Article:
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UK proposes earlier capacity power market auction in 2017
[LONDON] The start of Britain's capacity power market will be brought forward by a year to ensure electricity supply in the coming winters and tougher action will be taken against firms that do not fulfil their supply contracts, the government said on Tuesday.
Britain may face electricity supply shortages over the next few winters as coal plants close due to weak economic conditions and investors say there is little incentive to build new power plants.
Under the government's capacity market scheme, the owners of power plants are paid to provide electricity at short notice.
Power generators who are successful in the auctions get a steady, predictable revenue stream in the form of capacity payments which encourage them to invest in new plants or keep existing ones running. They have to be able to deliver energy when it is needed, or face penalties.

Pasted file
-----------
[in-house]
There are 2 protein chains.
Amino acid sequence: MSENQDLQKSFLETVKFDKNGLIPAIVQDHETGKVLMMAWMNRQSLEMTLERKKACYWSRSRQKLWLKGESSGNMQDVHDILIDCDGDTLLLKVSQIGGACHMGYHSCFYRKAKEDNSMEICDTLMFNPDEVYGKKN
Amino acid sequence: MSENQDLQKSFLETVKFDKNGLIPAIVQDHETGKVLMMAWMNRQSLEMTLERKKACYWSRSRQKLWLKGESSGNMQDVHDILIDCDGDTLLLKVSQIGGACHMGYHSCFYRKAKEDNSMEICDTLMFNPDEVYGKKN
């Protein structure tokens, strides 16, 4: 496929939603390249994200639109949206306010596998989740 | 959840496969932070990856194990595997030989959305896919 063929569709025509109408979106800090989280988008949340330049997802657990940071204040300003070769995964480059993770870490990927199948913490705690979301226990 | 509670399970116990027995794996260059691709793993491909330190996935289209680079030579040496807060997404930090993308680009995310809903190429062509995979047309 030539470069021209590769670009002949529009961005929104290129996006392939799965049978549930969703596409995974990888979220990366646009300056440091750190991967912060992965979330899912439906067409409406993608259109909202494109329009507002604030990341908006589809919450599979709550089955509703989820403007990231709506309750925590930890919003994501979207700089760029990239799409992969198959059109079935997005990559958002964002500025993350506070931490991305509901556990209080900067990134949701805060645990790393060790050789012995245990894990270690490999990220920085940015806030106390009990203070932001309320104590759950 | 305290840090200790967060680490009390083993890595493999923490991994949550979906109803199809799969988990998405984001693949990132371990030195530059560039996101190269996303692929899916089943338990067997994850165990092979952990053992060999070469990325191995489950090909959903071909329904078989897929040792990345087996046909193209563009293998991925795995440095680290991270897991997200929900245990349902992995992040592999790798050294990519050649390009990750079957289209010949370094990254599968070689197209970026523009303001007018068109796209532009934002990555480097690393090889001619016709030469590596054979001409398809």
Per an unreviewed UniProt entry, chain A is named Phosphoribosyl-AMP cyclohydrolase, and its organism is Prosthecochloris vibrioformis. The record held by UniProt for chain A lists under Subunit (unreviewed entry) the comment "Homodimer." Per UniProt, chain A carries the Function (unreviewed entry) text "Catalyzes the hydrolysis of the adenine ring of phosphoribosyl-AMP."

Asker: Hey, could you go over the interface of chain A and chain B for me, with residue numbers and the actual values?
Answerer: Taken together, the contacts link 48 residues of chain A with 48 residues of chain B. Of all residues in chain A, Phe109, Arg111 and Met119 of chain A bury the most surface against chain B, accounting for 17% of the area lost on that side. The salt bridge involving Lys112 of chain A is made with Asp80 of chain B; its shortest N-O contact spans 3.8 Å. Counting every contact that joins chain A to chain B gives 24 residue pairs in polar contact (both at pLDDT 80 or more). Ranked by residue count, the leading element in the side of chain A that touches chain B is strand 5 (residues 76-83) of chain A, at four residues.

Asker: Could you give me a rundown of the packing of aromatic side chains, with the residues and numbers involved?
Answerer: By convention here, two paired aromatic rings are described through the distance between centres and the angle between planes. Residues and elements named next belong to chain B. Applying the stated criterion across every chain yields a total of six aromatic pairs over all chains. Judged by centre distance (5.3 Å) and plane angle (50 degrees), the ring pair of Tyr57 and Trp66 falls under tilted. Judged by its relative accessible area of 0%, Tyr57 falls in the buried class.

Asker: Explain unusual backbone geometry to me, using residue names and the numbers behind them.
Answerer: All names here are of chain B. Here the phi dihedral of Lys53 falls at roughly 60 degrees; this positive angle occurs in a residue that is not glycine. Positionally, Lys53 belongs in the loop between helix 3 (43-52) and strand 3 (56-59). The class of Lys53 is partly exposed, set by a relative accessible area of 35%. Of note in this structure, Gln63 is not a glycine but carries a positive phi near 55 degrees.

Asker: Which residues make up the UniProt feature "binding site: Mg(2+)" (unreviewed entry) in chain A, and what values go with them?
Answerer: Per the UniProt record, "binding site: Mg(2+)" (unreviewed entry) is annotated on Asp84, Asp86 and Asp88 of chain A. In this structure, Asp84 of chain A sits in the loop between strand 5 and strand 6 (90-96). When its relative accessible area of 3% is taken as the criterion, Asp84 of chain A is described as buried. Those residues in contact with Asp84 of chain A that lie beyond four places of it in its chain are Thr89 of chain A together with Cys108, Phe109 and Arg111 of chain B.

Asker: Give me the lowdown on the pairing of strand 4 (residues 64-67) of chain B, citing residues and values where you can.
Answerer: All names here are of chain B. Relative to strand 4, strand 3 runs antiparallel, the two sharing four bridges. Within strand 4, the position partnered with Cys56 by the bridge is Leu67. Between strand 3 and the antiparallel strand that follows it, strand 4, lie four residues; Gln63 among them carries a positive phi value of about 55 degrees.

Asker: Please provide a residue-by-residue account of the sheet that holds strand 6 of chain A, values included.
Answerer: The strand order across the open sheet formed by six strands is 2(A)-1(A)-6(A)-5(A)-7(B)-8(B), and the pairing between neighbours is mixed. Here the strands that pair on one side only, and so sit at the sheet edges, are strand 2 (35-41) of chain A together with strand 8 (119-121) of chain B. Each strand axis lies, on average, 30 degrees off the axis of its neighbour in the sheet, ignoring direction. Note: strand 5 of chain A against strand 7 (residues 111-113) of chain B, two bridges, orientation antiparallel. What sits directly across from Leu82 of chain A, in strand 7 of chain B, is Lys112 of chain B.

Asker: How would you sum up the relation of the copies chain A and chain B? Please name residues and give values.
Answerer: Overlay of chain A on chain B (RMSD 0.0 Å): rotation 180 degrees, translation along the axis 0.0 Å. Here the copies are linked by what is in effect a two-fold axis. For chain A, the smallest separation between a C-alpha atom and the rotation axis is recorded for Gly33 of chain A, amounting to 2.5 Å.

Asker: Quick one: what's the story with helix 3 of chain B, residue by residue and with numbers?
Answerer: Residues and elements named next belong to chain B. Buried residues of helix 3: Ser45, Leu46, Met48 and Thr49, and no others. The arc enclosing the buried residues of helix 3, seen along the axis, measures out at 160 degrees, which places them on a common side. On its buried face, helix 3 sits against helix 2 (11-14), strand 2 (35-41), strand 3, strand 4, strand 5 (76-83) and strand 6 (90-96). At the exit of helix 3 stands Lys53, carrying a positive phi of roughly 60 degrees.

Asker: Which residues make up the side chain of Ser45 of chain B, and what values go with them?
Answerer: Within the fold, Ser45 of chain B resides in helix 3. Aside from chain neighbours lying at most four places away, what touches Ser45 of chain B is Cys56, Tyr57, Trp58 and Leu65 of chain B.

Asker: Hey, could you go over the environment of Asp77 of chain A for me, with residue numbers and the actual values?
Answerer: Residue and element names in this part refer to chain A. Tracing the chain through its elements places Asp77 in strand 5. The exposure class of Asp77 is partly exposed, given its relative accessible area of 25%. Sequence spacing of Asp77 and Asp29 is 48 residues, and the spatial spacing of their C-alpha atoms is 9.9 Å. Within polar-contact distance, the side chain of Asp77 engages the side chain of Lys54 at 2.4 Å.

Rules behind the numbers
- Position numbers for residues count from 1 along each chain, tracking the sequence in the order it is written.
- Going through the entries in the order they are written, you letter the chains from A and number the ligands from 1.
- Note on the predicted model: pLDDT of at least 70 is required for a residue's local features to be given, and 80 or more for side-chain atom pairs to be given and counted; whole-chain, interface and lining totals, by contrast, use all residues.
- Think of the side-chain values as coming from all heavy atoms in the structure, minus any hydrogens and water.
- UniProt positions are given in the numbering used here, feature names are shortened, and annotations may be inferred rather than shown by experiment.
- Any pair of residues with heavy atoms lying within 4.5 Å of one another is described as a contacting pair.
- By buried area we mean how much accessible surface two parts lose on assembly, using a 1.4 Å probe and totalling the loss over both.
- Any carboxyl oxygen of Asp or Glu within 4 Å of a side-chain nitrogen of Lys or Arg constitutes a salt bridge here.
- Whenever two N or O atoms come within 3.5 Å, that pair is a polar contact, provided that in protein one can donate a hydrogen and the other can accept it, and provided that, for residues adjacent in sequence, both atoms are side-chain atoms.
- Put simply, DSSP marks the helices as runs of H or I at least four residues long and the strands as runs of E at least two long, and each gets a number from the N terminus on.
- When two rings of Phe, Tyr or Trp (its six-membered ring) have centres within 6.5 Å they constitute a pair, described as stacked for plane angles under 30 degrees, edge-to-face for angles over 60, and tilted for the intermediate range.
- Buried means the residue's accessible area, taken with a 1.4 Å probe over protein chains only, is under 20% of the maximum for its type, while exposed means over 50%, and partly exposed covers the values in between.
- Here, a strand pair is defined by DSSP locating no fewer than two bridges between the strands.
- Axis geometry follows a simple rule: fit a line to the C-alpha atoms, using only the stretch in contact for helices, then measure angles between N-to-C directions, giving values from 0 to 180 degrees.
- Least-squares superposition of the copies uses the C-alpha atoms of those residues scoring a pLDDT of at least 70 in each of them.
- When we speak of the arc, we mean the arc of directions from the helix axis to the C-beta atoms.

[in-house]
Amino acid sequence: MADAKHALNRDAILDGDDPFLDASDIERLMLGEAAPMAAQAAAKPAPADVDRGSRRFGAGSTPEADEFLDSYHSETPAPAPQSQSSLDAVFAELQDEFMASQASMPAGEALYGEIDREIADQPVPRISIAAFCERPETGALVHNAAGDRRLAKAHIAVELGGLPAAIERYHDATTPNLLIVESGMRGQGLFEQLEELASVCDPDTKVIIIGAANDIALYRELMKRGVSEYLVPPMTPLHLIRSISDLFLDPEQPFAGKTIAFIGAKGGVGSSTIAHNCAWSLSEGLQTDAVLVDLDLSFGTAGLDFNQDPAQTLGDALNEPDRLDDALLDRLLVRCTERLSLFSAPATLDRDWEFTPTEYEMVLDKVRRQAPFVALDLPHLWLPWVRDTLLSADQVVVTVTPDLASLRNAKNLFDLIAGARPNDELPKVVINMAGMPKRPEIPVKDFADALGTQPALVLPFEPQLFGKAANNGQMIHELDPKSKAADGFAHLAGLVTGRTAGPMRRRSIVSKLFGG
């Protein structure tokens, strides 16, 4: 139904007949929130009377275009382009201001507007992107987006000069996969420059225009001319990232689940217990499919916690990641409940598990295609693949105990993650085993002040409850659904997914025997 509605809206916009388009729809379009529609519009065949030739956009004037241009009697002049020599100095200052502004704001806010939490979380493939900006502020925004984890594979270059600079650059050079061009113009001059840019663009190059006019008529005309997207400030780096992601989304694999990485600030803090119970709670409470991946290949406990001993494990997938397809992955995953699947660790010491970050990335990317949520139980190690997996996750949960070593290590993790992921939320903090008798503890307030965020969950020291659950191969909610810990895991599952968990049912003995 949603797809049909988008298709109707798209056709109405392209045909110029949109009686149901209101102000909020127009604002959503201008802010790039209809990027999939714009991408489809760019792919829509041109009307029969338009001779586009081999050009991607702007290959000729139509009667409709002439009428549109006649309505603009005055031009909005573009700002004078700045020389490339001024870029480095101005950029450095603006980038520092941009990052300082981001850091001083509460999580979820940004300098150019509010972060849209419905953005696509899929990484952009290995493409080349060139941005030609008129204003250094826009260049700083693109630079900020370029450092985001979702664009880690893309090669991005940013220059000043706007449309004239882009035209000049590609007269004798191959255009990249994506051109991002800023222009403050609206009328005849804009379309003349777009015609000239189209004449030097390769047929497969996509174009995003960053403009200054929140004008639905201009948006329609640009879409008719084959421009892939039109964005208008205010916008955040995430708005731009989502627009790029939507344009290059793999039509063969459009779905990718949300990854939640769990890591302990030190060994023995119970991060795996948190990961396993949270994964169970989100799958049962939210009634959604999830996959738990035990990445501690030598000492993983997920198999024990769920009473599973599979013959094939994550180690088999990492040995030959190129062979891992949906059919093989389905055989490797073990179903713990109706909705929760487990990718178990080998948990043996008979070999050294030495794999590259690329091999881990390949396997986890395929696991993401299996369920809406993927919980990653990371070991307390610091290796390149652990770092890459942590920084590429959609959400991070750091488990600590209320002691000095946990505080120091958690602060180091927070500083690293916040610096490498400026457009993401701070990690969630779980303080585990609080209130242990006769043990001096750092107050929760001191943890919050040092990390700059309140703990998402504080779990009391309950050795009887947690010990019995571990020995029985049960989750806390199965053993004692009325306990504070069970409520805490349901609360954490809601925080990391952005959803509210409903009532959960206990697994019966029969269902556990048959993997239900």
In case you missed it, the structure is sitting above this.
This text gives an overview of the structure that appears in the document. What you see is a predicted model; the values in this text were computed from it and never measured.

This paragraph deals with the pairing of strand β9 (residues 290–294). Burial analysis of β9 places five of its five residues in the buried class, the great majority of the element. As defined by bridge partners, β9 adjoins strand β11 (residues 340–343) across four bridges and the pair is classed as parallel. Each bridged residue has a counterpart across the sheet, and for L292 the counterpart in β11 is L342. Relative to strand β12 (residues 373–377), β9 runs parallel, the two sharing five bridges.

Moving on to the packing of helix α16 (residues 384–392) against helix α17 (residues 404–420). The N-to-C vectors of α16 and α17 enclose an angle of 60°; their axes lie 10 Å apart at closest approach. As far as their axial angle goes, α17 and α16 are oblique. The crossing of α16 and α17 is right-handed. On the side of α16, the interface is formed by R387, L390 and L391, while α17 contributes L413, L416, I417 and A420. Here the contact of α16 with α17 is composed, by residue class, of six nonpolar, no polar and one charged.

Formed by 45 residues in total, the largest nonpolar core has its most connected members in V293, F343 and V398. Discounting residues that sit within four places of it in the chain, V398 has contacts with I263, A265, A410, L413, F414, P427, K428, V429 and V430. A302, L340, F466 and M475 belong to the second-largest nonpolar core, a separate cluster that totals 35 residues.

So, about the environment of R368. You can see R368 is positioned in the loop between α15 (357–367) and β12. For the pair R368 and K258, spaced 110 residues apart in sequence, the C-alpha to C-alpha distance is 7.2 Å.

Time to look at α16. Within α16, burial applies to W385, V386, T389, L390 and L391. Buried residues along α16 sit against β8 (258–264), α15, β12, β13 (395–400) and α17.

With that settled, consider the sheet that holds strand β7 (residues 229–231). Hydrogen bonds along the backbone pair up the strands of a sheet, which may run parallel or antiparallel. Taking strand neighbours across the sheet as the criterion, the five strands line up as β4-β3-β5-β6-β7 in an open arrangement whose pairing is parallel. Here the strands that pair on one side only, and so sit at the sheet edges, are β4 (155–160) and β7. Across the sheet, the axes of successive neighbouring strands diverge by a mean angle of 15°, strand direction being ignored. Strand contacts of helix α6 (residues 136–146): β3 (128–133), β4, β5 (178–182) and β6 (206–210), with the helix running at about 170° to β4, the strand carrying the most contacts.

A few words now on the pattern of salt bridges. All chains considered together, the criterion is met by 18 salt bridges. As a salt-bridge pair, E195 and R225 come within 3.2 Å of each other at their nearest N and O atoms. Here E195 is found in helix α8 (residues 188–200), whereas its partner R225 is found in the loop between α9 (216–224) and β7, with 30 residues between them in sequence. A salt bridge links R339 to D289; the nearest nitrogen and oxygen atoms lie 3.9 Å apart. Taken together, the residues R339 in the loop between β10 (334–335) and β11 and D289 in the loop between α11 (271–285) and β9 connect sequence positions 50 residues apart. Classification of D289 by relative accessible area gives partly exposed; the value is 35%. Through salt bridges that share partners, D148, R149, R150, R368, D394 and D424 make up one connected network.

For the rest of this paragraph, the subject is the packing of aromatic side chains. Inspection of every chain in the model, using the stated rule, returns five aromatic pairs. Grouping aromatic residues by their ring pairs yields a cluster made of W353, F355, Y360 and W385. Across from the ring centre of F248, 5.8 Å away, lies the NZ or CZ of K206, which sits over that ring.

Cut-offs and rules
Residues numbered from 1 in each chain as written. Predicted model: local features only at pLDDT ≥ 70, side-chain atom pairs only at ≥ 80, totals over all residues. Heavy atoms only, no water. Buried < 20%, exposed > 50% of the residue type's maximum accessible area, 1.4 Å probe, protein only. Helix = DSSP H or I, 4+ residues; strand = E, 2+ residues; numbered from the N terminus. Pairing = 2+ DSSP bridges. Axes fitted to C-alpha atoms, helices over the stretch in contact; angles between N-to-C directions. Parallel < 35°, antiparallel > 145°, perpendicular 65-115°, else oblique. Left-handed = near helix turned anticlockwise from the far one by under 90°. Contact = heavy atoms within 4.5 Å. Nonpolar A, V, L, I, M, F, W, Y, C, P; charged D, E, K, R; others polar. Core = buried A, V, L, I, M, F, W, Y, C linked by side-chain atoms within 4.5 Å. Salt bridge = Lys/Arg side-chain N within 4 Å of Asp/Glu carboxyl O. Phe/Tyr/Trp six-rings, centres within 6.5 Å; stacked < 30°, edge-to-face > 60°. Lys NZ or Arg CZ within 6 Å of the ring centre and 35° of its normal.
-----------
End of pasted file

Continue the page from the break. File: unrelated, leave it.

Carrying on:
The government said it had launched a consultation to conduct an early capacity auction in January 2017 for delivery in the winter of 2017/18.
The government has already held two capacity market auctions, for delivery of supply in 2018/19 and 2019/20. The next scheduled auction will be held in December this year.
The consultation also proposes tougher penalties for companies that fail to deliver their capacity market contracts and will close on April 1, 2016.
Changes to the capacity market scheme will improve the incentives for electricity companies to build more gas-fired plants, the government's Department of Energy and Climate Change (DECC) said in a statement.
"The reforms set out plans to buy more electricity capacity and buy it earlier - encouraging more investment in our energy system," DECC said.
The exact amount of capacity which needs to be procured will be determined in due course, the government said, on recommendations from system operator National Grid.
Due to environmental concerns about the inclusion of diesel generators in capacity auctions, the government also said on it expects the fuel to play a smaller role in future auctions.
Government data published last week showed electricity generation in Britain fell to its lowest level in more than 20 years last year.